WD-40 was very effective and useful to the workers, such that they brought cans with them so that they could carry some to their homes. For this reason, by 1958, the company decided to package the product in aerosol cans for a broader consumer market. Since then, it has been over 70 years in operation, and no other company has overtaken the WD-40 company. It has, over time, bought other oil-based companies such as those making lava soap, 3-in-one oil, and shot spot carpet cleaners. All these companies have maintained WD-40 signatures on their products, making them bestsellers. A study carried out indicated that four out of five homes in the US have at least one can of WD-40.
What Are The Various Uses Of WD-40?
One of the main on-label use for WD-40 is rust prevention and degreasing through application to the affected parts. Its formulation does not include lubrication as they have other products better suited to serve the purpose, like the 3-in-one oil. However, most mechanics and homeowners have used it to loosen screws, bolts, and other corroded parts. Others used it to clean rusty items since WD-40 provides an excellent scrub while still protecting them from further rusting. If the product were limited to its single on-label use, it would not have reached the enormous popularity it does now. Some of the off-label uses of the WD-40 include;
Removing Road Tar
WD-40 has a thin kerosene component, which acts as a dissolvent. Therefore, it can dissolve thicker petroleum substances like gummy road tar, which stains painted metal on the car.
Bumper Stickers Removal
WD-40 easily dissolves adhesive gums holding bumper stickers to your car.
Removing Crayon Writings From The Walls
Households with kids suffer from kid’s writing on the walls using crayons which can be very notorious for cleaning off. However, WD-40 does the job perfectly with ease. You are only required to wash off its residues from the walls with a grease-removing soap or detergent.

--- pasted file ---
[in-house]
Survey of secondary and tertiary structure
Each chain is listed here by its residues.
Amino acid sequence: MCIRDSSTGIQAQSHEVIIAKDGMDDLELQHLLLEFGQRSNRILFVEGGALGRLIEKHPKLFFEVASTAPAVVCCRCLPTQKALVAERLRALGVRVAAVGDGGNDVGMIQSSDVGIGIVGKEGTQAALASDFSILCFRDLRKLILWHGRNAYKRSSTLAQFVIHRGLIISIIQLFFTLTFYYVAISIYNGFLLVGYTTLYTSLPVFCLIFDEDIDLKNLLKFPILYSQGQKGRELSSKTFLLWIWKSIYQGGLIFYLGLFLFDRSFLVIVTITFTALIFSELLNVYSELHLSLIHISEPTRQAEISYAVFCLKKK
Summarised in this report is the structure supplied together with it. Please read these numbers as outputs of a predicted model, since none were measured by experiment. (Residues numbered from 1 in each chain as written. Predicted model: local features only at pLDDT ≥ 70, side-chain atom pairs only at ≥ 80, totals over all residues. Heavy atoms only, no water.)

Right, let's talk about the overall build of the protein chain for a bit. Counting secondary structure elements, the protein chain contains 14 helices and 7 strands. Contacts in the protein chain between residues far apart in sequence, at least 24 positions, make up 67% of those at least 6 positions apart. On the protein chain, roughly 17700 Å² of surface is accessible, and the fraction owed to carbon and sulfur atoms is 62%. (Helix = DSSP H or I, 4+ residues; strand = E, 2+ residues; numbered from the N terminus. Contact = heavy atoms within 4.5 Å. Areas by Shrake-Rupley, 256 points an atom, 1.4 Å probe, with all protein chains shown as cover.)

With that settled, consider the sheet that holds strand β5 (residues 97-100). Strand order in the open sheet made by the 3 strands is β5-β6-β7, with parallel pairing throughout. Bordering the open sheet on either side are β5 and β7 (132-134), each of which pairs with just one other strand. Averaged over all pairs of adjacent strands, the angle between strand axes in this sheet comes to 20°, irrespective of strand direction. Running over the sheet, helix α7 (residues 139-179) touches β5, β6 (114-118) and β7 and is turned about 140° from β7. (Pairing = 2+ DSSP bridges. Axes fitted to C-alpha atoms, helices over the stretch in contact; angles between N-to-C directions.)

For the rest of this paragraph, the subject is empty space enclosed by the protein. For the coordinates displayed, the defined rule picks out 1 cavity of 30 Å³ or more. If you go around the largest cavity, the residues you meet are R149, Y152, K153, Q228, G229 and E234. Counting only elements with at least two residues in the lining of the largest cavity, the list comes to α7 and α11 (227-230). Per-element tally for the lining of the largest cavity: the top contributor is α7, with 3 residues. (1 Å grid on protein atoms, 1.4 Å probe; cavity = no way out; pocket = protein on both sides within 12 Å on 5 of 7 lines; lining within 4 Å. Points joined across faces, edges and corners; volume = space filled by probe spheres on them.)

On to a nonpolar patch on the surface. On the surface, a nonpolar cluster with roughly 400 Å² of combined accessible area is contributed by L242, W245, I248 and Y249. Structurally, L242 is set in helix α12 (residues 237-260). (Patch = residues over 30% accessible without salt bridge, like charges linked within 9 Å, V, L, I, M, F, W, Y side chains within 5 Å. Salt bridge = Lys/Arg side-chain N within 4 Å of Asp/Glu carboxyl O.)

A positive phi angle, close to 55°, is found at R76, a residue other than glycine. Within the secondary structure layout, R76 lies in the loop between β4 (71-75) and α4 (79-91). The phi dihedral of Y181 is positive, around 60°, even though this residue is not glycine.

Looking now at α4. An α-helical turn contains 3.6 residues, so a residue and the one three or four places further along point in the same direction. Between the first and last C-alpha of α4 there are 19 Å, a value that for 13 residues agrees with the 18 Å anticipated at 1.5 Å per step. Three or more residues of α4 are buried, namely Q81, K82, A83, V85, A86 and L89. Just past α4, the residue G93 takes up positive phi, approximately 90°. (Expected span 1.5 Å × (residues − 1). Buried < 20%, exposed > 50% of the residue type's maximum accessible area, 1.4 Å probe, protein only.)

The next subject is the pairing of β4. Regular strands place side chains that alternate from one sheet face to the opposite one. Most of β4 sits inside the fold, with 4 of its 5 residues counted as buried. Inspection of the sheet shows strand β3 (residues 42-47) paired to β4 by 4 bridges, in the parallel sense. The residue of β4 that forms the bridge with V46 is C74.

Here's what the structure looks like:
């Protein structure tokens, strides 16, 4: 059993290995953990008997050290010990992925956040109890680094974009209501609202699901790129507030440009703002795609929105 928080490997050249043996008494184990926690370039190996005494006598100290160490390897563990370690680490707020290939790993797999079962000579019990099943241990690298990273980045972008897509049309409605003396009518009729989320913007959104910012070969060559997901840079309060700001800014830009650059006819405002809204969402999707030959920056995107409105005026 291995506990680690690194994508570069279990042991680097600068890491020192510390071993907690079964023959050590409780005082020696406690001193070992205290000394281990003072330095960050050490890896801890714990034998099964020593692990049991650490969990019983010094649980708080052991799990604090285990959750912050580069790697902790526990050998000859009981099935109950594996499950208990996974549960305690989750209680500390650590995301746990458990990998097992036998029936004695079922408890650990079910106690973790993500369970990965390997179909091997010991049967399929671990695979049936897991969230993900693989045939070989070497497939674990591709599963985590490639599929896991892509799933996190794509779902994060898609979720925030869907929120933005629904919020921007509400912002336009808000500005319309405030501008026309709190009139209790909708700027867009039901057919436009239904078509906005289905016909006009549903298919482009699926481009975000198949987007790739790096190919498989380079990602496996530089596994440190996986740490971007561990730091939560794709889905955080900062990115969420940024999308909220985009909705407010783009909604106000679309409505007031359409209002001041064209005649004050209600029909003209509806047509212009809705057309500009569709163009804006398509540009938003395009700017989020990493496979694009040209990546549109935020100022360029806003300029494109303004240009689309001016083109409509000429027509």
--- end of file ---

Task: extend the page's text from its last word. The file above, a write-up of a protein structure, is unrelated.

Removing Rubber Scuff Marks
Most modern rubbers are made from by-products of petroleum instead of natural rubber, which was initially derived from tree sap. WD-40 easily dissolves the rubber scuffs making it the perfect product to remove marks.
Cleaning Stainless Steel
WD-40 easily removes oily fingerprints and cooking greases from stainless steel utensils. Additionally, it offers further protection from stains and rust.
Even though WD-40 is not a technical lubricating product, it has thin oils, which are great when it comes to penetrating tiny crevices between parts of door hinges. A small amount is enough to do the trick, and you should remember to wipe away the excess residue so that they do not dry and clog the door hinges.
Removing Duct Tape
Duct tapes are notoriously sticky and adhesive, which gives them their holding power. Once the tape is removed, WD-40 dissolves the gummy adhesive left behind, leaving a clean stainless surface.
Removing Labels From Glass
Some glass manufacturers tend to label items using stickers that are difficult to remove. Some glass kitchen utensils also come with labels, and removing them leaves sticky stains on their surfaces. A WD-40 has solvents that easily remove adhesives used on the stickers to hold the labels on the glass.
Protecting Bike Chains